If in state q_{0}a 1 is encountered instead of a 0, the first block of 0's has been exhausted, as in situation ( ii ) above. M enters

state q_{5}to erase the rest of the tape, then enters q_{6}and halts.

An Illustration of computation of M is a given below:

On the input 0010:

On the input 0100:

An Illustration of computation of M is a given below:

On the input 0010:

On the input 0100:

5.2.2 Computability and Non-computability

*A function or a (decision type) problem is said to be computable, if there exist a Turing machine which computes the function or answer the problem. [i.e., the TM will halt on all the inputs and gives the correct output for all the input]. Otherwise, the function is said to be *

**non-computable.**

Note that there exist Turing Machines to compute the initial functions

- Z (x) = 0, for all x Î N (the zero function)

- S (x) = x+1, for all x Î N (the successor function)

- U
_{i}^{n}(x_{1}, x_{2}, x_{3}, …, x_{i}, ..., x_{n}) = x_{i }(the projection function)

There also exist Turing machines to compute composition, recursion and minimization operations.

**As every partial function is**

obtained from the initial functions by a finite number of applications of the operations of composition, recursion and minimization, thus, there exist Turing machine that can compute every partial recursive function. Thus, every partial recursive function is computable. On the other hand it can be proved that every Turing computable function is partial recursive.

obtained from the initial functions by a finite number of applications of the operations of composition, recursion and minimization, thus, there exist Turing machine that can compute every partial recursive function. Thus, every partial recursive function is computable. On the other hand it can be proved that every Turing computable function is partial recursive.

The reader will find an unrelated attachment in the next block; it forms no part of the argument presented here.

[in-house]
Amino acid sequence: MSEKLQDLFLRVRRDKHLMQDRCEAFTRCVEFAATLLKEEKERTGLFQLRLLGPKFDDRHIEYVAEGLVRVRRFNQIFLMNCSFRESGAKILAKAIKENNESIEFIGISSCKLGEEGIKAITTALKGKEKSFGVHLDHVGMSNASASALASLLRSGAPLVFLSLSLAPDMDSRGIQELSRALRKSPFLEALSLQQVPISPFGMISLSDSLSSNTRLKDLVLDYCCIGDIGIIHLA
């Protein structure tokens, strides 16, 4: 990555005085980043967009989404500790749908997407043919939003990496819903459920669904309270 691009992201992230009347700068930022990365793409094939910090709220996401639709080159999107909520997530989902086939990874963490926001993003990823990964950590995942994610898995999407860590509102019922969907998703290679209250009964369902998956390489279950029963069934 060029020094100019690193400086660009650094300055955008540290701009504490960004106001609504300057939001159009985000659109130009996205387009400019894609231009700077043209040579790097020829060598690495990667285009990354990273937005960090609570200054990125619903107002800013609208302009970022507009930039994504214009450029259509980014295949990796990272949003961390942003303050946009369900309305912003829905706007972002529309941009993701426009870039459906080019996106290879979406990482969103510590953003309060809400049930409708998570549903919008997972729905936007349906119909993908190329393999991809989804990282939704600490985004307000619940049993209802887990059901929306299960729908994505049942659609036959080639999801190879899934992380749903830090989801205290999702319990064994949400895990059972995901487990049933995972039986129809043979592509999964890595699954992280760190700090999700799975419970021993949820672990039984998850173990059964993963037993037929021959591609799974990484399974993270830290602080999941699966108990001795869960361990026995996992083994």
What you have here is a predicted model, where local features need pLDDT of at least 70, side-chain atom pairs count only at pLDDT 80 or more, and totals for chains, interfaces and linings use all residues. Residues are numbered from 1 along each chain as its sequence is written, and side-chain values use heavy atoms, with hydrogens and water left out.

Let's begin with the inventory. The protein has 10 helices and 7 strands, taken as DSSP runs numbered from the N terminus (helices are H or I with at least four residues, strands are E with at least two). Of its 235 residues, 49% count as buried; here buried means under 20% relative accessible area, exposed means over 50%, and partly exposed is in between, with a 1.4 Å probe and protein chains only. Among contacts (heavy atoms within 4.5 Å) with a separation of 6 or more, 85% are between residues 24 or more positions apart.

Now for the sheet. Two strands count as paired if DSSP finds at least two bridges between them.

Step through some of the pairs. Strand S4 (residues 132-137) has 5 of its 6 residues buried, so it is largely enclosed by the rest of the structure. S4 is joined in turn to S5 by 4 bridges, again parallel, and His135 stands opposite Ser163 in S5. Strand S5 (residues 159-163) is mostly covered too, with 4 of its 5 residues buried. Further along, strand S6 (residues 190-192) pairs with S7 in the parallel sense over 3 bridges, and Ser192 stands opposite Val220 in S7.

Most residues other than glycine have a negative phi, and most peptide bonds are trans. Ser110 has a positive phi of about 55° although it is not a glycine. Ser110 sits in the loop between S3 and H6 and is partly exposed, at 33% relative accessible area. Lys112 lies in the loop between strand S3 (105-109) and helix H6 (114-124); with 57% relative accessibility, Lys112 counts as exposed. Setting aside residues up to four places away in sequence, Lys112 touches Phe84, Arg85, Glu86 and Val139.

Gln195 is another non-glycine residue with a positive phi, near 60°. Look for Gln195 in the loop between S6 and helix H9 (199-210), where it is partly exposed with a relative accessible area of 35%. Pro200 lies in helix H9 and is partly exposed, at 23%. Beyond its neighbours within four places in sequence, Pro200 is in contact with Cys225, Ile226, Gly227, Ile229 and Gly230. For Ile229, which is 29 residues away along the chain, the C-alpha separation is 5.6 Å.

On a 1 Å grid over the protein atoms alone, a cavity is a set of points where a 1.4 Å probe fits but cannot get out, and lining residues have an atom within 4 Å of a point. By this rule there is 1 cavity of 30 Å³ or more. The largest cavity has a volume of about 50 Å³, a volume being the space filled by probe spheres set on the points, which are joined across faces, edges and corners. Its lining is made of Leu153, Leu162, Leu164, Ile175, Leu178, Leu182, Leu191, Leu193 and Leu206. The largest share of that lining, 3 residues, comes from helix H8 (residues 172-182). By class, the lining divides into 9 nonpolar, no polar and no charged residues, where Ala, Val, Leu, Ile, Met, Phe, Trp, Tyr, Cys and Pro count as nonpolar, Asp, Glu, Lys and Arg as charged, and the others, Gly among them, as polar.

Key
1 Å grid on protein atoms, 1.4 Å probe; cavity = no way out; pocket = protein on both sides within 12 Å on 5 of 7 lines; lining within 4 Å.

Here we give

**some examples of non-computable problems.**

"Halting problem" for Turing machine is one of the popular examples for non-computability of Turing machines. This is the problem

of finding a decision procedure which would enable one to determine in a finite number of steps, given any Turing machine T and

premarked tape 't', whether or not the machine will ever make d(s

^{j}, a

^{j}) = HALT. Equivalently the problem is to construct a Turing

machine, which will accept just those pairs (T, t) that will come to HALT, and reject just those pairs (T, t) that will not come to

HALT. It can be proved theoretically that there cannot exist any Turing machine, which will perform this job. Thus, the

"HALTING PROBLEM IS NONCOMPUTABLE".

"HALTING PROBLEM IS NONCOMPUTABLE".

Other interesting example of noncomputable functions are the following.

For any programming language, to determine whether or not

(a) a given program that can loop for ever on some input,

(b) a given program that can ever produce an output on given input,

(c) a given program that eventually halts on the given input.

Note to the Reader

Note to the Reader

To understand and appreciate the depth of the concepts of computability and non-computability, one has to have good

understanding in formal languages and theory of computing, so readers are advised to refer good books for detailed study on

these topics [some of the books are given in the

**Reference**]. Here we have introduced this topic mainly because; "all partial

recursive functions are computable. Also understanding about the Turing machine will help to study other important Theoretical

Computer Sciences topics like Computation and Complexity etc.